This week, Gail (again!) encourages parents to set up a 529 college savings plan, and explains the tax implications of SEP ("Simplified Employee Pension") plans. 

Hi Gail,

I would like to know more about 529 ownership. How can I contribute? I have 3 young children and this would surely help.

Vel

 

Dear Vel —

In my opinion, a 529 plan is simply the smartest way to save for college. Smartest in terms of income tax, capital gains tax and estate tax. (I've covered the benefits of 529s in a number of articles. Click on the "archives" tab at the top right of this page and scroll down to Feb. 2, 2002 and Dec. 7, 2001, for instance)

I'm glad you're interested in establishing accounts for your children. As I discussed in my most recent article, "Tax Breaks for College," dated March 1, 2002, money invested in a 529 college savings plan has the potential to grow tax-free, as long as it is used for "qualified higher education expenses."

These would include tuition, room & board, books, fees and supplies. No matter what your tax bracket is, with a taxable account you will still owe taxes on any gains generated each year. You could also be subject to capital gains taxes when you liquidate the account to cover college expenses. So choosing a tax-free strategy is just common sense.

Sounds like you're a few years away from using this, but if you meet the income limits, you can also qualify for either one of two tax credits — HOPE or Lifetime Learning — in the same year you're taking withdrawals from the 529 plan — you just can't take the credit and a tax-free 529 withdrawal for the same college expenses.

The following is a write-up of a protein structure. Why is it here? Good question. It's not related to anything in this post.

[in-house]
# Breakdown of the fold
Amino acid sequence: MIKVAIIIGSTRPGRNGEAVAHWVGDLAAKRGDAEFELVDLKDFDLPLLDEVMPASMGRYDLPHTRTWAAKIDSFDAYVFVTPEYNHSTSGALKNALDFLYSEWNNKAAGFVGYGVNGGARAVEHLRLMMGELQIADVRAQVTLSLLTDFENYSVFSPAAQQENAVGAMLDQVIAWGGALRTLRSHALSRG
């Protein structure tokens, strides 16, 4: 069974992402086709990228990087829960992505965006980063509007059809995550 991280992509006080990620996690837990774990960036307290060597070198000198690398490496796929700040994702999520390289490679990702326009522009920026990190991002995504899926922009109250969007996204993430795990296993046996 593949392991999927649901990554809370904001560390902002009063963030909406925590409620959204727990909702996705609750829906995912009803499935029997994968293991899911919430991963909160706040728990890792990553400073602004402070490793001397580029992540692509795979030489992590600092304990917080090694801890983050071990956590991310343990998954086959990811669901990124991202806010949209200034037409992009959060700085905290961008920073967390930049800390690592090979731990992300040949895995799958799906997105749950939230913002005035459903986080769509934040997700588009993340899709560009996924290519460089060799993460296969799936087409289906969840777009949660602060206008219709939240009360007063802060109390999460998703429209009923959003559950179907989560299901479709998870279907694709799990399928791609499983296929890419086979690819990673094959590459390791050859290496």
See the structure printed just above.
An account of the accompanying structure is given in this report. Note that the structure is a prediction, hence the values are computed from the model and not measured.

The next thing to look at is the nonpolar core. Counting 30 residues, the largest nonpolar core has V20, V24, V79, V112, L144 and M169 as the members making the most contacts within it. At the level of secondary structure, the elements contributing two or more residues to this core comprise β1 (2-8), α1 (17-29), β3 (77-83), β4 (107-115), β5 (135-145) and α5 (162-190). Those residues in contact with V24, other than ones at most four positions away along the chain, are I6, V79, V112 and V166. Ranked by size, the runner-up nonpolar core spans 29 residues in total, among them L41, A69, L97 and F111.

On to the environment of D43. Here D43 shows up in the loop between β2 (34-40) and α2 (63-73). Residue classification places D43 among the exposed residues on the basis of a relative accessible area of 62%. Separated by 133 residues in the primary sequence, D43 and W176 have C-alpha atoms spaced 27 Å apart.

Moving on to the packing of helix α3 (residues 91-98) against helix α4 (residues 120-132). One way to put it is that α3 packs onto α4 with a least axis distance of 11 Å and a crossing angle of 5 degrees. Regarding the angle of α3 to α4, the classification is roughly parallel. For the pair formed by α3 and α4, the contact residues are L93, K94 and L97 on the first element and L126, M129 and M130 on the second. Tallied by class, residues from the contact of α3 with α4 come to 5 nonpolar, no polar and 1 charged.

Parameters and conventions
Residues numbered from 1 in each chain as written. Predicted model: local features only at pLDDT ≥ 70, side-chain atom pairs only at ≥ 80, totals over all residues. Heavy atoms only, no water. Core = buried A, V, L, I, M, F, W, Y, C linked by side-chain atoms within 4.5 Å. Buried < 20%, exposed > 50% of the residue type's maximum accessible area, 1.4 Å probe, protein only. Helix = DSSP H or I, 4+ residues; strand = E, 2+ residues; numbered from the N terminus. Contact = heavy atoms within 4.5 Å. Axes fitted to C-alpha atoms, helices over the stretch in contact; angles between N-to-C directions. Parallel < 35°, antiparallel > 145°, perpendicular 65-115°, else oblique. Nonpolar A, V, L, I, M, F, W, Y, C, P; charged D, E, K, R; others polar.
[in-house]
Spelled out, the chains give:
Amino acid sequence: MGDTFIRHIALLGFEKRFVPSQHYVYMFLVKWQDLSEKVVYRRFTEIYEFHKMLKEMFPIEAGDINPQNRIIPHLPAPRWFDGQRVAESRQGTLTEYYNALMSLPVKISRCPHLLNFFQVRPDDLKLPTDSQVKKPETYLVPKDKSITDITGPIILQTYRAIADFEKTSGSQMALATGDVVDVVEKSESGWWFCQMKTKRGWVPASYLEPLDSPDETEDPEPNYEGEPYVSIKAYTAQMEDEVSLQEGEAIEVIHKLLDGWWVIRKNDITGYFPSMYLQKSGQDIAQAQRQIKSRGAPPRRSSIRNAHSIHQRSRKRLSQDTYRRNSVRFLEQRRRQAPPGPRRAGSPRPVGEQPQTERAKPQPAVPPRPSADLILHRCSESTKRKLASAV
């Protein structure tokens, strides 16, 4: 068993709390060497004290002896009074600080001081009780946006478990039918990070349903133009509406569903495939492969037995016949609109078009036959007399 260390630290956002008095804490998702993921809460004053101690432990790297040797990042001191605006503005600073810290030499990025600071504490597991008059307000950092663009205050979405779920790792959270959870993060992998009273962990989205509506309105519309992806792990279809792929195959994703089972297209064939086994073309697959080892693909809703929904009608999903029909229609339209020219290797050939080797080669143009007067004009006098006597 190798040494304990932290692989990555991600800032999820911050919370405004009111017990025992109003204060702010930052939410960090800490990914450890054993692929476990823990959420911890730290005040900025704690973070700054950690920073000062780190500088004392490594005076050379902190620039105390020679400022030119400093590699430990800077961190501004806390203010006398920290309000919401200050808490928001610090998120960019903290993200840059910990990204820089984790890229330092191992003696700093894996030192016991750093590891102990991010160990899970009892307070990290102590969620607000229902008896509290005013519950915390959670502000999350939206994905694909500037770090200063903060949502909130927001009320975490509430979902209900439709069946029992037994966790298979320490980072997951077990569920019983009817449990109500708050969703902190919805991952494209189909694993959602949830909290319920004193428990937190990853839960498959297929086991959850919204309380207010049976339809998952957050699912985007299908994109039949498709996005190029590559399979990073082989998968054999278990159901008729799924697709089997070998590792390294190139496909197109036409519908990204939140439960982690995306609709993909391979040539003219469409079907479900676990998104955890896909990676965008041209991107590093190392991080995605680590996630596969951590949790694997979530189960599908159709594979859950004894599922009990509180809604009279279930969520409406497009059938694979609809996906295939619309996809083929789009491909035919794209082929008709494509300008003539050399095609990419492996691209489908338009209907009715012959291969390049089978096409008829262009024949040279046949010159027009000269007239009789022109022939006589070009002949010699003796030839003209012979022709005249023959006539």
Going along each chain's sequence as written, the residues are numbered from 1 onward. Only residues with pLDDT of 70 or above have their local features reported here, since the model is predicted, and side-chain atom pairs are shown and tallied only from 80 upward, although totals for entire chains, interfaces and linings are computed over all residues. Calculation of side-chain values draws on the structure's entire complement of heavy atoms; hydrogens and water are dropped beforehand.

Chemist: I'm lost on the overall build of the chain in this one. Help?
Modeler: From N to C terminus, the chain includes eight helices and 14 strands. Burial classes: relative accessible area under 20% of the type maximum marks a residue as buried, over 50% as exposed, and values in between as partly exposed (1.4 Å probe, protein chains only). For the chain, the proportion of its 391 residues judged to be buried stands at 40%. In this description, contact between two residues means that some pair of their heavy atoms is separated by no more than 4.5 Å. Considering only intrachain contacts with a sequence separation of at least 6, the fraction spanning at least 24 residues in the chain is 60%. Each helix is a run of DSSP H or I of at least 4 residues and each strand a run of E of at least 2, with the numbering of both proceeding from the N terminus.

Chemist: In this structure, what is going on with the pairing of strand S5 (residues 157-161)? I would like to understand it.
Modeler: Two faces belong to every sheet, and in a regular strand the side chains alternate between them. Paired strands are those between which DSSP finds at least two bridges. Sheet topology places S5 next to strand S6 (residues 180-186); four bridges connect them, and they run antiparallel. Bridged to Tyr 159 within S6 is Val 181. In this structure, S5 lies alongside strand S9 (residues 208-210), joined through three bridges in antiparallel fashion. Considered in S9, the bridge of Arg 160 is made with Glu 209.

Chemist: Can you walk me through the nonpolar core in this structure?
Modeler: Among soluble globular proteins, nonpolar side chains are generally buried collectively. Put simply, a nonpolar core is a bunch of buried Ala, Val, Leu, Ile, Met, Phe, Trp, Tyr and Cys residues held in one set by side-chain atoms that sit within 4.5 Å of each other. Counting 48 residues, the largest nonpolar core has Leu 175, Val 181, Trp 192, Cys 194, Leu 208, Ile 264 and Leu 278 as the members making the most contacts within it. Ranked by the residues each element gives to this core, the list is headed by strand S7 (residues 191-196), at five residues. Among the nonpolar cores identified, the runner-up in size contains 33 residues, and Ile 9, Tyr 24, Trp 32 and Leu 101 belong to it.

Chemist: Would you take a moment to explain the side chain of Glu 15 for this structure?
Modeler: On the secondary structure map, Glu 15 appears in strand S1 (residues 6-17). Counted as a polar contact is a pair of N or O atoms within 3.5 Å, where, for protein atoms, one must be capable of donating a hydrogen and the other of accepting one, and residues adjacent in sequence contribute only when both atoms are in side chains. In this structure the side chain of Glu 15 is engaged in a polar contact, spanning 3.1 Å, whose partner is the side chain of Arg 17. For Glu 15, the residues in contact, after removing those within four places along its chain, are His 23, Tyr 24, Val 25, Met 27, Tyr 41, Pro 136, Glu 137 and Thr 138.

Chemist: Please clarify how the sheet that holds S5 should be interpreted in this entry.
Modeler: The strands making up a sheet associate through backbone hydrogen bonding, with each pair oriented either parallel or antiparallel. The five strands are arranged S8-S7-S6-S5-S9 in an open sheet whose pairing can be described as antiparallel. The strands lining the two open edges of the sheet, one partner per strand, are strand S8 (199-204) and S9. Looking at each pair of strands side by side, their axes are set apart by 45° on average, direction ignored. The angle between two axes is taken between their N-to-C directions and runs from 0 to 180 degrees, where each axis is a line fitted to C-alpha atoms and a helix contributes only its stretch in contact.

Most states now sponsor a 529 plan, so you could start your search by checking out the Web site www.savingforcollege.com. It has links to every state plan.

However, keep in mind that you don't have to use the plan your state sponsors. Some offer a tax incentive if you do, but if your children are still a number of years away from college, the return your investment could earn over time could more than offset the few hundred dollars you might save in state taxes.

You'll want to make sure the money you invest for your children is managed by a capable money manager (generally a mutual fund company) with a strong track record. Some time this year the number of 529 plans available will reach fifty — one sponsored by each state. And every one has different benefits and restrictions. So you'll also want to check into whether a plan has the flexibility and features you want.

For instance, what is the minimum amount needed to open an account? With some plans it's $15, while others won't talk to you for less than $250. What investment choices does it offer? Can you choose to invest in a fund which automatically reduces its exposure to the stock market as the child's ages as well as individual mutual funds? Or do you get one or the other? What is the annual fee and when is it waived?